Cybersecurity vote nears, while military creeps online
12:30pm | 27 November 2012 | by Peter Micek, English
A flurry of activity in US Congress and the Oval Office could alter the privacy rights and cybersecurity of users in the US and abroad for decades to come. It also presents an opportunity to limit the military’s growing reach over cyberspace.
This Thursday, Nov. 29, the Senate Judiciary Committee could vote on amendments to HR 2471 that would give law enforcement and intelligence agencies more surveillance power. Senator Leahy, Chair of the Judiciary Committee, originally proposed amendments in May 2011 as a way to update privacy rights online. However, it appears law enforcement lobbyists influenced a redrawing of the lines toward greater warrantless access. Leahy quickly clarified his position on Nov. 20, after criticism came from both the ACLU and the conservative FreedomWorks, whose petition platform has been used to send more than 7500 emails to congress, as well as from CDT and the Digital Due Process Coalition.
According to CNET, “Leahy's proposal would have allowed over 22 agencies -- including the Securities and Exchange Commission and the Federal Communications Commission -- to access Americans' e-mail, Google Docs files, Facebook wall posts, and Twitter direct messages without a search warrant.” Those agencies currently lack explicit subpoena or warrant authority to access online communications. Leahy has withdrawn support for this amendment, but there remains a possibility that the Committee’s Ranking Member Sen. Chuck Grassley could introduce these harmful reforms for Thursday’s vote.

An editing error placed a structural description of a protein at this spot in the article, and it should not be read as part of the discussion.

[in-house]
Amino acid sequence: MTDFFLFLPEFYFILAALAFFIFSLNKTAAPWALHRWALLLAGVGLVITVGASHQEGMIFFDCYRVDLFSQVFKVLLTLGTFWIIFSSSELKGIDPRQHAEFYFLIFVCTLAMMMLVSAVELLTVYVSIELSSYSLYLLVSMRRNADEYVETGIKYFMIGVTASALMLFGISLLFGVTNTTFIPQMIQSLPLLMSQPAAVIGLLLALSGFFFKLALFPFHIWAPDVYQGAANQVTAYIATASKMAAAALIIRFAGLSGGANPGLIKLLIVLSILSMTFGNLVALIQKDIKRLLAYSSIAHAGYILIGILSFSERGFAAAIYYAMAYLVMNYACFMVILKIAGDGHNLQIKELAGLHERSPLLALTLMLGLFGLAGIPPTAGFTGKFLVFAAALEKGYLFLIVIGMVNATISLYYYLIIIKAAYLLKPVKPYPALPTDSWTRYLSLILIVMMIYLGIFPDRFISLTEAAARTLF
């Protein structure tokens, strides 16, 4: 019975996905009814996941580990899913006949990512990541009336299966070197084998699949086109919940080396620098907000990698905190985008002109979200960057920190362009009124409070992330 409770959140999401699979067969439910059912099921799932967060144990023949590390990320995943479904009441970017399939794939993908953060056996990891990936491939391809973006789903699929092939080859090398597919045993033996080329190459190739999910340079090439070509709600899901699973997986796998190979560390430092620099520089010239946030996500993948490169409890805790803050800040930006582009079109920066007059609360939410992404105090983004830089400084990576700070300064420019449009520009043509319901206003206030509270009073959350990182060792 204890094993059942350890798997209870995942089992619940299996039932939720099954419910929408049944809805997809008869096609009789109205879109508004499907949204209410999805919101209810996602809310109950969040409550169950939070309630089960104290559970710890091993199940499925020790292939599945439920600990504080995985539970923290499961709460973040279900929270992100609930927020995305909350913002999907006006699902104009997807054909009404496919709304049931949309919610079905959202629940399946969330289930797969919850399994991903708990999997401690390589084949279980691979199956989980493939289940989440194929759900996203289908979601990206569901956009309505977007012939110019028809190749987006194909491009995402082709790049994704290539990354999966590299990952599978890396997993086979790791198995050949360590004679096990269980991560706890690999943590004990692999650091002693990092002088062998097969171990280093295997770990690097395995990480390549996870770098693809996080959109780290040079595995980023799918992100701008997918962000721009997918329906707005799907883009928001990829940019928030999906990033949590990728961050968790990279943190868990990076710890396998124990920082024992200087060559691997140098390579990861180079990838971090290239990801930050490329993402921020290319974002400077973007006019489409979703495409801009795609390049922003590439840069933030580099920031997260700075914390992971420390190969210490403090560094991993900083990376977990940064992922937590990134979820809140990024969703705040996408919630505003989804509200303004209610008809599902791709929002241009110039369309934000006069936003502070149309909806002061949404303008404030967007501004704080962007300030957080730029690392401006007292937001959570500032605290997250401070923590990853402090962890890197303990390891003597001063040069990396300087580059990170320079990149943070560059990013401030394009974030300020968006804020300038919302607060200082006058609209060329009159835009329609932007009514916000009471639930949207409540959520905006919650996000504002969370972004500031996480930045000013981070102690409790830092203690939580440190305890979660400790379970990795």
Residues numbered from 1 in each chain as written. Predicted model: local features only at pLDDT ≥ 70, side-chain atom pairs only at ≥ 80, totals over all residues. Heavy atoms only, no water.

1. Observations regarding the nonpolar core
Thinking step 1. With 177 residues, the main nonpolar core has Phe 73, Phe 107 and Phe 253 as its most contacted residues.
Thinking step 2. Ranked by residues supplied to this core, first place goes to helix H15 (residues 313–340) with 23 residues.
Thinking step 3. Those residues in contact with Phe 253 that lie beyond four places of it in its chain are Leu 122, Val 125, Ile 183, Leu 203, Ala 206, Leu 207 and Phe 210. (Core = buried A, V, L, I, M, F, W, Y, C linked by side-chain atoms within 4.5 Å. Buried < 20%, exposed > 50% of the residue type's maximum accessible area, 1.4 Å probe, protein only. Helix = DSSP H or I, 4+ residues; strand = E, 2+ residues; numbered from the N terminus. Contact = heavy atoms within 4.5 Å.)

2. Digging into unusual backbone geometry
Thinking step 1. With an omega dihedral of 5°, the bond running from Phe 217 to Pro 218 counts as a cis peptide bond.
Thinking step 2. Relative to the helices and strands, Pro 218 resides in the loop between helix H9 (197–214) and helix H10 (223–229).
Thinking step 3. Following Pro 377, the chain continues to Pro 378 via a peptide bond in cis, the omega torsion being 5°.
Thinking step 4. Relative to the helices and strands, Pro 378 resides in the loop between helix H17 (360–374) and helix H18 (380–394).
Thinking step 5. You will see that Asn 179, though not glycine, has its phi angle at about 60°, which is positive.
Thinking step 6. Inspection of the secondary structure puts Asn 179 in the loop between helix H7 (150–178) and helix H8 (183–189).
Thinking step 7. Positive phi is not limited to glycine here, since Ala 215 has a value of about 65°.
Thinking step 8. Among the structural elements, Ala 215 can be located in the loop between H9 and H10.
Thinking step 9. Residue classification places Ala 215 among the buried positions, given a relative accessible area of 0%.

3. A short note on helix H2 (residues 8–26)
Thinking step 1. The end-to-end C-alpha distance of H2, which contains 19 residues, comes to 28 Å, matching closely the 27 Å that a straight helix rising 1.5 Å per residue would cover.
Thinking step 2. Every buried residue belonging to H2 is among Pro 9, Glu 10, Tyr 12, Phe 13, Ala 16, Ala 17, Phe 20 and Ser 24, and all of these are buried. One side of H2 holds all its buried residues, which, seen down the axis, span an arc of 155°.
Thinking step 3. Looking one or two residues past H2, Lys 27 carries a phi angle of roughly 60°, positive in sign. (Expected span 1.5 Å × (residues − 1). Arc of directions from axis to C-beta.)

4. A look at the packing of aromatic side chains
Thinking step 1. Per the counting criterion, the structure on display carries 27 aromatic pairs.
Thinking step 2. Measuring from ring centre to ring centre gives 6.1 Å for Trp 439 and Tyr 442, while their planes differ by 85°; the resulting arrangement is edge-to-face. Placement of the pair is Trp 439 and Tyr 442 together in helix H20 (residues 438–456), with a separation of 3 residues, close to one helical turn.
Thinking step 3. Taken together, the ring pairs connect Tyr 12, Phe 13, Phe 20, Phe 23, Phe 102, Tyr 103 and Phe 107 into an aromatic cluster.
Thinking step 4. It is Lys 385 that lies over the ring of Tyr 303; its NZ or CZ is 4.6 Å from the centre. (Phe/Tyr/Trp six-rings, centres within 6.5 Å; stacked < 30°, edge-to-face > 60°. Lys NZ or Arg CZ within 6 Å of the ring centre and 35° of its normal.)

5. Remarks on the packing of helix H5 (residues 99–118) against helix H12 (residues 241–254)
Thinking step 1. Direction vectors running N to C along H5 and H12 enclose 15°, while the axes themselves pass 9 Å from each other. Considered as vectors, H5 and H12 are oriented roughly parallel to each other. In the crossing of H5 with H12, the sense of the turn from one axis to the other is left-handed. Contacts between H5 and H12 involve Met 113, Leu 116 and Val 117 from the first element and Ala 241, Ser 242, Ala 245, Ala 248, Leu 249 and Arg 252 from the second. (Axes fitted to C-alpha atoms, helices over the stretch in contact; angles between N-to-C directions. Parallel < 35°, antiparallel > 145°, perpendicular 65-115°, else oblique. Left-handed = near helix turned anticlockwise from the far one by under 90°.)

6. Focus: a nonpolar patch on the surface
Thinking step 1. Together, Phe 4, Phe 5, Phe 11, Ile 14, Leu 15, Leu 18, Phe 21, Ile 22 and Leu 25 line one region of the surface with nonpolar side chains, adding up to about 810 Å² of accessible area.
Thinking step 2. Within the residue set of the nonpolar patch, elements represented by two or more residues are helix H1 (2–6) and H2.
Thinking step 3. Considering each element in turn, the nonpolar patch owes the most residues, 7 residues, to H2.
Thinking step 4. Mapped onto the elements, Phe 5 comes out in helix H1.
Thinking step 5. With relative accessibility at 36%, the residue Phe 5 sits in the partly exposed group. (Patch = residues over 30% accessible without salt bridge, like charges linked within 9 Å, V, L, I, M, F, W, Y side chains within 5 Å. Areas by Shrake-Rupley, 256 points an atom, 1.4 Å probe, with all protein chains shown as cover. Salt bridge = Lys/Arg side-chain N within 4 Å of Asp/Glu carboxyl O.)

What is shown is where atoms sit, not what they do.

Leahy actually authored the 25-year-old Electronic Communications Privacy Act (ECPA), which the amendments would supplant. Passed in 1986, ECPA laid initial ground rules for privacy in the electronic age, setting arbitrary limits on government access to personal data like email and other stored communications. While ECPA provided significant protections for a while, the law has not kept pace with advances in technology; Leahy himself has admitted ECPA’s shortcomings, such as allowing government access to emails 180 days old without a warrant.
Access has supported attempts to update ECPA, including Rep. Logren’s “ECPA 2.0” bill, with its requirement of a warrant to access private communications data and location information. Indeed, users deserve up-to-date legislation giving them assurance that their expectations of privacy in email will be met in courts.
Access participated in the development of the Draft International Principles on Surveillance and Human Rights and other international fora, which aim to provide a strong framework for governments who are “failing to develop legal frameworks to adequately protect communications privacy, particularly in light of modern innovations in surveillance laws and techniques.” The Principles are open for comment until the end of the year (read more about it here).
Cyber information ‘sharing’
This month, the Senate narrowly defeated a proposal on cybersecurity information “sharing” championed by outgoing Sen. Joseph Lieberman. Its failure increases the likelihood of an executive order from President Obama to facilitate the transfer of cybersecurity threat data, such as online attack signatures and methods, between private companies, law enforcement and intelligence agencies.